Can I self-revoke myself on deferred probation?

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Can I self-revoke myself on deferred probation?

I signed for 4 years deferred probation and due to the inability to pay the fees I want to go to state jail and get it

over with. It’s a state jail felony; I got possession of controlled substances.

Asked on December 25, 2018 under Criminal Law, Texas

Answers:

B.H.F., Member, Texas State Bar / FreeAdvice Contributing Attorney

Answered 2 years ago | Contributor

You can technically file the motion and ask the judge for permission to go sit out your time....but if fees are your only issue, then I really suggest you explore other options.
A state jail felony is still a felony, even if you only do a 6 month period.  This means you won't be able to vote, possess a firearm, or get any number of jobs.  If you are ever in trouble with the law again, you will no longer be eligible for a probation.
If you complete your deferrred probation, you will be able to get a non-disclosure order so that no one in the public will know about your conviction.
I hear your concern about fees.  But keep in mind that as long as you are doing everything else you are supposed to do (reporting to your P.O., doing your community service, etc.), then the judge cannot revoke your probation just because you cannot afford to pay your fees.  So...comply with everything else, and do what you can towards the fees.  To demonstrate good faith, keep a record of all of the jobs and job retraining you apply for.  This includes going to job fairs, applying with temp agencies, asking for new job retraining through the Texas Workforce Commission.  Also keep track of every "gig" that you take on, (working a concert, donating blood, participating in a focus group)  With all of this effort, you will be able to show the judge or your probation officer that you have done everything possible to earn the funds to pay the fees.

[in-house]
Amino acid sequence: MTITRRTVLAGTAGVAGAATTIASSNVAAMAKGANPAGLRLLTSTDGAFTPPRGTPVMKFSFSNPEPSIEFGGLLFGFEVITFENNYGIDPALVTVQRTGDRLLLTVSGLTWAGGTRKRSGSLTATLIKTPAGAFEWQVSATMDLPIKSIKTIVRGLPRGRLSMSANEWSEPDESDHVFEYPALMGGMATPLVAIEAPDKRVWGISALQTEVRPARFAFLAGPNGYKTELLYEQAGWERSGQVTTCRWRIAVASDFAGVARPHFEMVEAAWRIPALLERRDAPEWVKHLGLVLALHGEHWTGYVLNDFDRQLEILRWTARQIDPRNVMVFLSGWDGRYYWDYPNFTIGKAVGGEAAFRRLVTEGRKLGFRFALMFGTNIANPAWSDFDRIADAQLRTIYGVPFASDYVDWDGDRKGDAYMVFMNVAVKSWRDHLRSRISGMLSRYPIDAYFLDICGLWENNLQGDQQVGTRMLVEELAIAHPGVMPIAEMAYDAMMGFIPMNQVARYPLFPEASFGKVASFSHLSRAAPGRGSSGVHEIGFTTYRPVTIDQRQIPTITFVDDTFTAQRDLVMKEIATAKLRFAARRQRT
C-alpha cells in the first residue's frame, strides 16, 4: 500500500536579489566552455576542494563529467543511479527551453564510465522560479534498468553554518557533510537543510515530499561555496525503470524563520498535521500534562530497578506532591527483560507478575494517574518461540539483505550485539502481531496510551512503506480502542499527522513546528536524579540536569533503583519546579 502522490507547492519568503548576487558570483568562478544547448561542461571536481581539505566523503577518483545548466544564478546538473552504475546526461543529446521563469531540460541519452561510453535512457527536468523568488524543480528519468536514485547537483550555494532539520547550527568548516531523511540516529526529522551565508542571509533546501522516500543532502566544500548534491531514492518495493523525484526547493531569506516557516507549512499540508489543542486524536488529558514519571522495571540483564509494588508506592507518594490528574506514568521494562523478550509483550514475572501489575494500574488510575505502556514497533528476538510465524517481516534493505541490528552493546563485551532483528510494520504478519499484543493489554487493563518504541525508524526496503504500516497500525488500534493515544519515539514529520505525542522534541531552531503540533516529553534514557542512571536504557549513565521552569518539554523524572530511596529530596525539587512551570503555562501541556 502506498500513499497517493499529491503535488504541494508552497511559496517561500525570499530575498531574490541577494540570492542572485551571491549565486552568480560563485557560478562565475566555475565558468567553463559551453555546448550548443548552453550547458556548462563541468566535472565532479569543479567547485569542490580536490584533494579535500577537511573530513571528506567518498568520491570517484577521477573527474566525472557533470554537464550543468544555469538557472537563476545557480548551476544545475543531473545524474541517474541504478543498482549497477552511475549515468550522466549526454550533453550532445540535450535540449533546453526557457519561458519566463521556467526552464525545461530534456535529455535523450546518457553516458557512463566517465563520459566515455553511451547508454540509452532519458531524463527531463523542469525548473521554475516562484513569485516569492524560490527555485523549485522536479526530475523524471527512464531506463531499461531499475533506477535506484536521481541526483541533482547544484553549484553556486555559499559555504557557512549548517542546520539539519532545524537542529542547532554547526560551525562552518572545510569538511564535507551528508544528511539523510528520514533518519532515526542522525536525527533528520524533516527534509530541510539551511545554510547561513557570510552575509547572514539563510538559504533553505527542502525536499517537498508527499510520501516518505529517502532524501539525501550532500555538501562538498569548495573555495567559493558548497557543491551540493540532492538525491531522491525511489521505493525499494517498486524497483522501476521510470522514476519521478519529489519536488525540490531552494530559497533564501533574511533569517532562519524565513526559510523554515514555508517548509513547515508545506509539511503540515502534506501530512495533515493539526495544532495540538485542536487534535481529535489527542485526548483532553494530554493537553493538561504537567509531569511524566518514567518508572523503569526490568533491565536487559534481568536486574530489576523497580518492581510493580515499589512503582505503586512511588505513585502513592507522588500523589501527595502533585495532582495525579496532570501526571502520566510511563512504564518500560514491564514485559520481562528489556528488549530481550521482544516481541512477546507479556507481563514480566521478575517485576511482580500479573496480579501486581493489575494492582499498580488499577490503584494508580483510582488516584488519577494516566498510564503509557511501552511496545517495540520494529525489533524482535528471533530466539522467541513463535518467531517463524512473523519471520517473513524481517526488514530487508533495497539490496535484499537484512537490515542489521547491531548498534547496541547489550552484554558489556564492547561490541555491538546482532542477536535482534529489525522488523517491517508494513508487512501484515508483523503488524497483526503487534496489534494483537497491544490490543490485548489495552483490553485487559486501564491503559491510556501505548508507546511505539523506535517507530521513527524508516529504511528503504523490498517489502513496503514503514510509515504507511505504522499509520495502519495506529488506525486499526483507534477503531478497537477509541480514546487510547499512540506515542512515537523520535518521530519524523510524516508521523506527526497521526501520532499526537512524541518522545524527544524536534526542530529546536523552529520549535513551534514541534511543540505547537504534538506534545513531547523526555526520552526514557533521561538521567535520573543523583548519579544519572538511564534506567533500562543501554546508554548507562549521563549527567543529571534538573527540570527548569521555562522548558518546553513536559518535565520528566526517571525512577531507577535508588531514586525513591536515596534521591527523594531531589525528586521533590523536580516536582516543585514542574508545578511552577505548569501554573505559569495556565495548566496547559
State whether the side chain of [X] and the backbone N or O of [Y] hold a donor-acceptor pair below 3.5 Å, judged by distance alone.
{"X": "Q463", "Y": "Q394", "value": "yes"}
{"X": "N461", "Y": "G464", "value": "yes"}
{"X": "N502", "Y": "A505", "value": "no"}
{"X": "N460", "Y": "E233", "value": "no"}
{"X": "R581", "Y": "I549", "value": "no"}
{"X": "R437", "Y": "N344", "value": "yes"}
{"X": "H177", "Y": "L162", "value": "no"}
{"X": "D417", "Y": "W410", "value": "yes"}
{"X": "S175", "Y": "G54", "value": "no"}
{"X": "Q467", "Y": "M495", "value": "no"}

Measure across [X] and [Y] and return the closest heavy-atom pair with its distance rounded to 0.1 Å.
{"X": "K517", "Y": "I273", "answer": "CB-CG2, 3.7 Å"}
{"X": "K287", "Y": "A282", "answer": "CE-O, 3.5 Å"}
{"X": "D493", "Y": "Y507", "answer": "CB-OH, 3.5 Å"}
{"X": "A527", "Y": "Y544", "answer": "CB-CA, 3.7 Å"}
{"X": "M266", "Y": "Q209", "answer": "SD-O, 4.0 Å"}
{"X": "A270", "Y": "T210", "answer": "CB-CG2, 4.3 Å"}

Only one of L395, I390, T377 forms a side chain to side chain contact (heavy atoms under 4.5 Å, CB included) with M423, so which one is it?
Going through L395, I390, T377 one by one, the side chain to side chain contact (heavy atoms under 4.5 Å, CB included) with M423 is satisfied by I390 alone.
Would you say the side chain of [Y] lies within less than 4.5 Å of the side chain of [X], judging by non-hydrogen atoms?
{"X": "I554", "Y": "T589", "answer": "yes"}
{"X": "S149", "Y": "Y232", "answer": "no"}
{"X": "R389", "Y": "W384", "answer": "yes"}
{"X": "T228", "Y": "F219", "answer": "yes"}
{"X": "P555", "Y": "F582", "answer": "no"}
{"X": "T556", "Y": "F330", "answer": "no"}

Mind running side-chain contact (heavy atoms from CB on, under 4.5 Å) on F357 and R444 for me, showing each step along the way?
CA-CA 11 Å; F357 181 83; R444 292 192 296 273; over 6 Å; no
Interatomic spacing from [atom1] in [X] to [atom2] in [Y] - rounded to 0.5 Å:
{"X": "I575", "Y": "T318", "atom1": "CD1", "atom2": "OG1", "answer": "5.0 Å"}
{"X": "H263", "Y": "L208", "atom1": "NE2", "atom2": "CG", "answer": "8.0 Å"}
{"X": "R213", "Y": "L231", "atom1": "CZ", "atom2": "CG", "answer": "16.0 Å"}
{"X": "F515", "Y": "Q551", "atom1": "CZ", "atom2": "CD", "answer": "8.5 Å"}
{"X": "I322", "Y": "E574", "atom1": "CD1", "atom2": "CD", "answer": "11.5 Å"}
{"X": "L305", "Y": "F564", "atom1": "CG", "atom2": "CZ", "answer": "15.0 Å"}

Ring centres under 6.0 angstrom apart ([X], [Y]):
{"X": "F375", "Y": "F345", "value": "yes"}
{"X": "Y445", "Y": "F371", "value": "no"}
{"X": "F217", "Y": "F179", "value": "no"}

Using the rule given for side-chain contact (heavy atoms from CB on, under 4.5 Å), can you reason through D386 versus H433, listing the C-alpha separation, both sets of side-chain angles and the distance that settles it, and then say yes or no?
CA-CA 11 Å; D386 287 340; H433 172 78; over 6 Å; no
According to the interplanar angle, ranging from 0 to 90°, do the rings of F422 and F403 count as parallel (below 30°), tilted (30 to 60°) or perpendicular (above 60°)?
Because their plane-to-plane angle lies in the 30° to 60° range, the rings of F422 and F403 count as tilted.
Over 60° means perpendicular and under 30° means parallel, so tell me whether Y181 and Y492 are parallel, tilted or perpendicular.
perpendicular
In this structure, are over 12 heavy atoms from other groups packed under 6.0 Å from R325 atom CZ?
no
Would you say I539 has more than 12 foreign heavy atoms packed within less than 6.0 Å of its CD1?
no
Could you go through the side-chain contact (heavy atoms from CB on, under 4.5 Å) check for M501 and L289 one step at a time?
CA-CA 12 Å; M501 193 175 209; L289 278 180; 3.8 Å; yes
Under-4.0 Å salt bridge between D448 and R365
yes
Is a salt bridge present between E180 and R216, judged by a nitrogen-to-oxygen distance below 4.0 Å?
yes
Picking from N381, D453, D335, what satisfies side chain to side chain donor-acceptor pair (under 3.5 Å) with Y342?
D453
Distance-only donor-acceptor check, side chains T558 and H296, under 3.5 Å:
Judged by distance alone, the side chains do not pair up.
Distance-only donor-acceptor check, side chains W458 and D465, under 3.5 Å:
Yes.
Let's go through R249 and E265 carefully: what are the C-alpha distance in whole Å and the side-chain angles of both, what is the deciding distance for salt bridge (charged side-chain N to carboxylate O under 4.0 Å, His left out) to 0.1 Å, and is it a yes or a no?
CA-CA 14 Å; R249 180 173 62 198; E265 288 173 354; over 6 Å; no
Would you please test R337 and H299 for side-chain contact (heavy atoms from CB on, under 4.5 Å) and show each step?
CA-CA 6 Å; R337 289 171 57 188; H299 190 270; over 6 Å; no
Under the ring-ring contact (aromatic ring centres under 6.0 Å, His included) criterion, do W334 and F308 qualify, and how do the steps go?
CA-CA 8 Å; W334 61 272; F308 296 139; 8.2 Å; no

If you really just want to be revoked, see if the state will offer you what is called a "12.44b" sentence.  This is where your charge is reduced to a misdemeanor and you sit your time out in county jail.  The main advantage of this is that it means no felony conviction.  However, it will still be a conviction.  Some apartment complexes and companies will not allow you to apply even with a misdemeanor drug conviction...but it won't be as bad as a felony on your record.
I apologize if I sound a little preachy....but I see so many people get frustrated, some defense attorney lets them cop and easy plea, and then they come knocking on my door when they can't get a gun, or an apartment, or a decent job because of the felony conviction.  After the deal is done...there won't be much anyone can do to "fix" the conviction.  My main goal here is to let you know that you can accomplish a self-revocation....but know there may be other much better options which will help you further down the road.


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